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Regular version of the site
Bachelor 2019/2020

Media and Social Institutions: Cross-Cultural Comparison of World’s Media

Type: Elective course (International Relations)
Area of studies: International Relations
Delivered by: School of Media
When: 3 year, 3, 4 module
Mode of studies: offline
Language: English
ECTS credits: 3

Course Syllabus


This course is oriented toward understanding of the media distinctions between the societies and develops the ability to analyze political, economic and cultural sources of media systems development. This course is recommended mainly for the undergraduate students from the social sciences disciplines but at the same time could be useful for foreign students interested in the subject area. Main prerequisites for this course are the intermediate level of English (ability to speak, to read the texts as well as to write some essays) and main knowledge in history (especially history of the XX century), sociology, economics.
Learning Objectives

Learning Objectives

  • Understanding of the contemporary industrial media landscape in main developed countries
  • Understanding economic, political, cultural fundamentals of media systems in different geographical area
  • Develop ability to analyze media systems using multi-layered approach.
Expected Learning Outcomes

Expected Learning Outcomes

  • Describes the role of symbolic institutions within the society
  • Defining main differences between media systems according to the markets they are focused on.
  • Distinguishing media systems corresponding to particular political regimes
  • Describe core concepts of cultural interaction and role media in it.
  • Able to apply key dimensions of media systems to analysis of European media system
  • Able to apply key dimensions of media systems to analysis of American media system
  • Able to apply key dimensions of media systems to analysis of post-soviet media system
Course Contents

Course Contents

  • Methodological basics for comparing media landscapes: general approach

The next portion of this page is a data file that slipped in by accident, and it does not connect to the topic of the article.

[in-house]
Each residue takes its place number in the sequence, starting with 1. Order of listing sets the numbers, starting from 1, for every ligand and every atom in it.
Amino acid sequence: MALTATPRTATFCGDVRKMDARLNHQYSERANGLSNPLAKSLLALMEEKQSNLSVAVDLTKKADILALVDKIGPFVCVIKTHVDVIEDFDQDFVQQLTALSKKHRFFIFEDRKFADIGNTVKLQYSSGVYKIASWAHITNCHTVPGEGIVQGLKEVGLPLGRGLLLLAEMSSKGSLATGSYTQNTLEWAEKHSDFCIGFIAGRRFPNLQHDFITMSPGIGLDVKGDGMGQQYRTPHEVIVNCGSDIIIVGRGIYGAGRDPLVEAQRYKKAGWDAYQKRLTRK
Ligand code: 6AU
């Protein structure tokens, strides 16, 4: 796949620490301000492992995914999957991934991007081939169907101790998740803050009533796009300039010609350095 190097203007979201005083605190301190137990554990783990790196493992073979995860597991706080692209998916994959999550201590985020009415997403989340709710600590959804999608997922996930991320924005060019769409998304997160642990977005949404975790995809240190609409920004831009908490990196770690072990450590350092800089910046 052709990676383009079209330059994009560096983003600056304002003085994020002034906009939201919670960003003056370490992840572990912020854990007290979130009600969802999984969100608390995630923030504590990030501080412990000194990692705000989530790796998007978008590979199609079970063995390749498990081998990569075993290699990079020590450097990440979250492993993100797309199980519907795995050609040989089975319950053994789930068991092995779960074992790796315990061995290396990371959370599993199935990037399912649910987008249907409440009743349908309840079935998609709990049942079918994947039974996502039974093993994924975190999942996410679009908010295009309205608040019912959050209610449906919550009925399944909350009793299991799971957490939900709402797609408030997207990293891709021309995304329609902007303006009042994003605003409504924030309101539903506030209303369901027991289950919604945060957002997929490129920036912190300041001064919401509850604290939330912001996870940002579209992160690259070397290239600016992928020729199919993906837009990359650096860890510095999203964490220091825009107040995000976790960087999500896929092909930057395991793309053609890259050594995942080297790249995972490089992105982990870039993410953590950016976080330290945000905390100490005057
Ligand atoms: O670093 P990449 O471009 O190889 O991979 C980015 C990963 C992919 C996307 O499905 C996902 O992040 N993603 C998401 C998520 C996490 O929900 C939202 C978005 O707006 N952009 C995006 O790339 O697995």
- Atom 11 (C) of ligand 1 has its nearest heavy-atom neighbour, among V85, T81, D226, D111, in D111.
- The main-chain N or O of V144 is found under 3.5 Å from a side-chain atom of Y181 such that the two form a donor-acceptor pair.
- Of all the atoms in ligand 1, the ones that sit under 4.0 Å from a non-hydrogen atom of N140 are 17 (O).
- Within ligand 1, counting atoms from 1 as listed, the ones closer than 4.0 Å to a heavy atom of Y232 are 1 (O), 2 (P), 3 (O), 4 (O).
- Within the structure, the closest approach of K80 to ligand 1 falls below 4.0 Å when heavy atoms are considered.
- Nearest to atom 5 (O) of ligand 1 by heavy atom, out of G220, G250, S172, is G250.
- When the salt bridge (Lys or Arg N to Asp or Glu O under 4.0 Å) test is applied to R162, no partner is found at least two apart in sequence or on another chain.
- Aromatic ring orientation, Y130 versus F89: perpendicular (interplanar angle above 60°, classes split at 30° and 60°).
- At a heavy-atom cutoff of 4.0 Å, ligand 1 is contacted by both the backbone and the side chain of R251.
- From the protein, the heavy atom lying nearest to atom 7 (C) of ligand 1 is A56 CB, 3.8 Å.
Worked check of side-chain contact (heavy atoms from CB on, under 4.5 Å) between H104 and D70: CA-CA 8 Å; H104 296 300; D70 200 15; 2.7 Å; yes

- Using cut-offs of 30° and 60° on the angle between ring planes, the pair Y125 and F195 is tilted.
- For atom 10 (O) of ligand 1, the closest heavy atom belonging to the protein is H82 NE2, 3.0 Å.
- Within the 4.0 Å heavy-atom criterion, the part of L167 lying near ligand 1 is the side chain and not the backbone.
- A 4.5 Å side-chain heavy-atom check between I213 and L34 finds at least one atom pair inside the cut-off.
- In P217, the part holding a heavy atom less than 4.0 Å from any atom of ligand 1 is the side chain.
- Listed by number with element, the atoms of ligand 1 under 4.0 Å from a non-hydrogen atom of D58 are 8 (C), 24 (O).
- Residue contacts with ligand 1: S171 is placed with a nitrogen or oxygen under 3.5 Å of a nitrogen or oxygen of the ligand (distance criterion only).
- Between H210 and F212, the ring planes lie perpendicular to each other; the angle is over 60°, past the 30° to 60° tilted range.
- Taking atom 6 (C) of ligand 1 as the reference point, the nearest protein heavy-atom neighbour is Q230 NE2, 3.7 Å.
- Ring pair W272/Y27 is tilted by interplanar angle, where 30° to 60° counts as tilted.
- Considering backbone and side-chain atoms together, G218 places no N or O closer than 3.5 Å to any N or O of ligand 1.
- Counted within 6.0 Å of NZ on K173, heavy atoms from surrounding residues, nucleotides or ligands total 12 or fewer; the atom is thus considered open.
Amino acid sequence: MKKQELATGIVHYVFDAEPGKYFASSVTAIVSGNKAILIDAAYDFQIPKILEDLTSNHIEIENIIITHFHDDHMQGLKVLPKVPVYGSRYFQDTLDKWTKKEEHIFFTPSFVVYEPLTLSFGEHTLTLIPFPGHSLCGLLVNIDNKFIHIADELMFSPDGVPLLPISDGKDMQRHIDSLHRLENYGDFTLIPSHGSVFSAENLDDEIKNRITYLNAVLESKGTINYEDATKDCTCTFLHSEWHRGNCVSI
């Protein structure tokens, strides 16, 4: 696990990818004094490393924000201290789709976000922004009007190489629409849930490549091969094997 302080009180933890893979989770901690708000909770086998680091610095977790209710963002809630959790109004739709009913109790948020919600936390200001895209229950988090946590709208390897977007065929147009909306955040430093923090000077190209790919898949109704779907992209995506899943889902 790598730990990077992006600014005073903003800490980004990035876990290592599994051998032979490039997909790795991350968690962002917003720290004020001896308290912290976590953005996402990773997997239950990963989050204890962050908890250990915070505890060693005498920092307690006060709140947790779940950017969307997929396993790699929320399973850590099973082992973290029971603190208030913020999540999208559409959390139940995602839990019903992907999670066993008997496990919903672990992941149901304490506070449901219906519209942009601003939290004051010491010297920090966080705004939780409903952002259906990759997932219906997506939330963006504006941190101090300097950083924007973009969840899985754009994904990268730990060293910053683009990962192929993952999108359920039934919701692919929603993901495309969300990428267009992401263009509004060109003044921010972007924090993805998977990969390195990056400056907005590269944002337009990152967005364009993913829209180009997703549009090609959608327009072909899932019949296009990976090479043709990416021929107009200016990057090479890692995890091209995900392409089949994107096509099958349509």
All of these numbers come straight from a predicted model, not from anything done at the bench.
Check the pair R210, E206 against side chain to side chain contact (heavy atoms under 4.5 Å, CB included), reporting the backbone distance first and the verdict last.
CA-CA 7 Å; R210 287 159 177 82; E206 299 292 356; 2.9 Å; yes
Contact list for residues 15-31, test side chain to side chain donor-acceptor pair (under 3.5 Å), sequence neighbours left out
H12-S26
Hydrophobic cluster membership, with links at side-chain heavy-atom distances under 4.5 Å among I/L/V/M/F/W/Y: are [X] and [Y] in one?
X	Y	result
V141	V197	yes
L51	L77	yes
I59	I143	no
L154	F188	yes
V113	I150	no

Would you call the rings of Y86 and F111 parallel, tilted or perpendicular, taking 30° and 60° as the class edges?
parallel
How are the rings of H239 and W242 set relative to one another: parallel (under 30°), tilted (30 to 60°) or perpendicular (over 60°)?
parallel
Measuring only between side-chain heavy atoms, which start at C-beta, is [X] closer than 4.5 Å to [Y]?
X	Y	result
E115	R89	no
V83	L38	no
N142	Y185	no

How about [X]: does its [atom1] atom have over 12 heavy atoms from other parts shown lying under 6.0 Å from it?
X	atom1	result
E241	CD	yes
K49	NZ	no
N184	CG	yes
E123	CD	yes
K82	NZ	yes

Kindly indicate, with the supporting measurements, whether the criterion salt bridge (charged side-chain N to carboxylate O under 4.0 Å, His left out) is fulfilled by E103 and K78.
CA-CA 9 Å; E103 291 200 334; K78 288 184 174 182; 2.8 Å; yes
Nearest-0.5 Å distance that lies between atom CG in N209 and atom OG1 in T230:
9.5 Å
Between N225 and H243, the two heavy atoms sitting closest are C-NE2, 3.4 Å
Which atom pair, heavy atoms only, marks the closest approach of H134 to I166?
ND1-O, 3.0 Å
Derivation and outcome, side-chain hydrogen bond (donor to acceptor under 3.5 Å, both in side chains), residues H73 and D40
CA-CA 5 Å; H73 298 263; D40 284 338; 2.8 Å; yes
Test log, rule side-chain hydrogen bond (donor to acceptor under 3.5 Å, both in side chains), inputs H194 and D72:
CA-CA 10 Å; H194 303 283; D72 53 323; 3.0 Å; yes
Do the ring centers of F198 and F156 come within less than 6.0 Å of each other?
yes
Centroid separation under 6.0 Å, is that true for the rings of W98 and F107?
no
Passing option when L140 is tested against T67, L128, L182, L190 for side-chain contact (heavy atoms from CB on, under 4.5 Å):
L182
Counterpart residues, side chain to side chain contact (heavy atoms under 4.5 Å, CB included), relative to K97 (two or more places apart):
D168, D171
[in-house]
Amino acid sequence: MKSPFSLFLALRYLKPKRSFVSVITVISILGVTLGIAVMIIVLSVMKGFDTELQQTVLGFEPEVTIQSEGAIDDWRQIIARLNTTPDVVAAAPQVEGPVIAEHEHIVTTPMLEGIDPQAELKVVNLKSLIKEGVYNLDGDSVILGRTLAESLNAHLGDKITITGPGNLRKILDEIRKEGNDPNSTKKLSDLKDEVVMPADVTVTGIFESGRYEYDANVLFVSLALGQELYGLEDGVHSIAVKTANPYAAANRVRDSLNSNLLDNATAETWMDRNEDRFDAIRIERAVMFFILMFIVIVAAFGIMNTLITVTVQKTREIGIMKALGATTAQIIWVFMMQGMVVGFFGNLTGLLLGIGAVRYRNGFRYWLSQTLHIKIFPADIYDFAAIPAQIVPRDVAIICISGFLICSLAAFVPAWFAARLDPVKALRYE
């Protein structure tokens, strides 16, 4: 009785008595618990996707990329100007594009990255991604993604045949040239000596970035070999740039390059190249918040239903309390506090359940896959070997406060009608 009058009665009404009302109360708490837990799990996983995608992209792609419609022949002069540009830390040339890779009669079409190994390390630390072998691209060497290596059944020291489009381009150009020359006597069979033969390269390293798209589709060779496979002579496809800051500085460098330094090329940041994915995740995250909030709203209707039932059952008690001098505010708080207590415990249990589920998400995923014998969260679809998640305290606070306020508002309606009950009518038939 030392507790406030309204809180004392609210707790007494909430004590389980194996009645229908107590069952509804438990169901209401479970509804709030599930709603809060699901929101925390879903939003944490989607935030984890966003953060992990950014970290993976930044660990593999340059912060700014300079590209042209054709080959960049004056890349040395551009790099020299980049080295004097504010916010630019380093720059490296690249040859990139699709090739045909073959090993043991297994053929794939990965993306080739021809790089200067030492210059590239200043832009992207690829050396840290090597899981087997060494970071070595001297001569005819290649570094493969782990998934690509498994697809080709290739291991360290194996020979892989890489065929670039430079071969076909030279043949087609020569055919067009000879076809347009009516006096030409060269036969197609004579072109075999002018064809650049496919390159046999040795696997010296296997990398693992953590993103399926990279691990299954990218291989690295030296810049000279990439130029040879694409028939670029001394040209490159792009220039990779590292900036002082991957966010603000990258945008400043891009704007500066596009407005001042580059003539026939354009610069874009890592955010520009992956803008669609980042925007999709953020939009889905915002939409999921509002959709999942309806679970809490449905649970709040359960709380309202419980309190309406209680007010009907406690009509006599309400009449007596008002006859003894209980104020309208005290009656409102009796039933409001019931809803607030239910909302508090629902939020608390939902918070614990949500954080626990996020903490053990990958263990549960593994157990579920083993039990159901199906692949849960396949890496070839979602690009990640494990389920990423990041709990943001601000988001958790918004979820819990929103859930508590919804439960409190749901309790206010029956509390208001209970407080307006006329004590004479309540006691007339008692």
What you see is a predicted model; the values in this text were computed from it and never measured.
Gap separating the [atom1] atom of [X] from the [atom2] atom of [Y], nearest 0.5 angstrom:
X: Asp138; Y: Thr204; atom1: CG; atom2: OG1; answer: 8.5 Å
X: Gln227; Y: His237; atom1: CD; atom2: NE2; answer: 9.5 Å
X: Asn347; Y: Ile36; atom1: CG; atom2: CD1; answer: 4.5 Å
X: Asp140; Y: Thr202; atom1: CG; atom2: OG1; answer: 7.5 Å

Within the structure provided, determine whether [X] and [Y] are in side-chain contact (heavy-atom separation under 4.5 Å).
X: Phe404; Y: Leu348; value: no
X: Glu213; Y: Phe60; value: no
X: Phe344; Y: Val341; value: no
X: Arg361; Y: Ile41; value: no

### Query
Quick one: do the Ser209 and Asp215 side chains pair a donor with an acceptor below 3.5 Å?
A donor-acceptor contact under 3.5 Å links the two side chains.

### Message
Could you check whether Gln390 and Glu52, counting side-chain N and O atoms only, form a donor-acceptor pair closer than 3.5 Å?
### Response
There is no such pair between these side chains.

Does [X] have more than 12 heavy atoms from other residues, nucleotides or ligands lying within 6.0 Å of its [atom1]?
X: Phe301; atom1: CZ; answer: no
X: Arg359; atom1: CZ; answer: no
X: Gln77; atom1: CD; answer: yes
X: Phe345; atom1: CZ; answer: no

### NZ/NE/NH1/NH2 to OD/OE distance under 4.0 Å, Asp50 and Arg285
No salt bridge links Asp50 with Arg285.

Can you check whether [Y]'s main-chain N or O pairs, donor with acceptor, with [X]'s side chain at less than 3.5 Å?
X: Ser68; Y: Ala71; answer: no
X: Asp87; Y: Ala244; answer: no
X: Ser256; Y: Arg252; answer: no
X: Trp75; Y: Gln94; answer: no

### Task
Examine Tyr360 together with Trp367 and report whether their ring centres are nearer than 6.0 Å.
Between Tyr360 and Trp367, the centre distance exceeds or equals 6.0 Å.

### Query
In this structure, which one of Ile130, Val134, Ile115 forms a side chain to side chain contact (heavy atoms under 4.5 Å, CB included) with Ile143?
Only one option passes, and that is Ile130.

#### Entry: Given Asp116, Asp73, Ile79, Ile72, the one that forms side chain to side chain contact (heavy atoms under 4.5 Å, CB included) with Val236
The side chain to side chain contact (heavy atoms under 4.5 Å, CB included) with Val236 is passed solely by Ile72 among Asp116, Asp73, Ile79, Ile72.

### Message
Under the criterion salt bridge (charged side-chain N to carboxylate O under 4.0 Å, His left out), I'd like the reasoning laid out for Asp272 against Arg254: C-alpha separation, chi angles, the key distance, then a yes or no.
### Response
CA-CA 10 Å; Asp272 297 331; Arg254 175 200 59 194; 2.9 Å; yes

Main methodological assumptions about comparison of media systems in different countries. We will do a brief introduction into the general problems of development of media in democracies and will examine the connections between media and such fields as: political regime, economic policy and development, urbanism and culture. General framework will be the analysis of 4 forms of power and role of symbolic institutions among them.
  • Economic approach to compare media systems
    The role of media in economic exchange and development of mass communication. Linear and non-linear vision of the economic market and media development. Their connections.
  • Political differences and media
    Main visions of power: Foucauldian, Durkheimian and Weberian and main visions of media corresponding to them. Role media in each of the system. Normative theories and critical theories.
  • Cultural and geographical dimension of comparing media systems
    Identity as core concept of cultural differences. Theories of interactions of cultures. Difference between geographical and cultural identities and political solutions between them. Cultural differences in media reception
  • European media system
    A brief description of the main European media markets such as GB, France, Germany, Italy and some Scandinavian markets. We will trace especially peculiarity of the creation of the media sector after the WWII and how media industries has been affected by such reconfiguration. Especially we will do a description of the main public media in Europe and trace the history of this field. Than we will briefly do a review of the European Union policy in the media field such as role of EBU and some other authorities.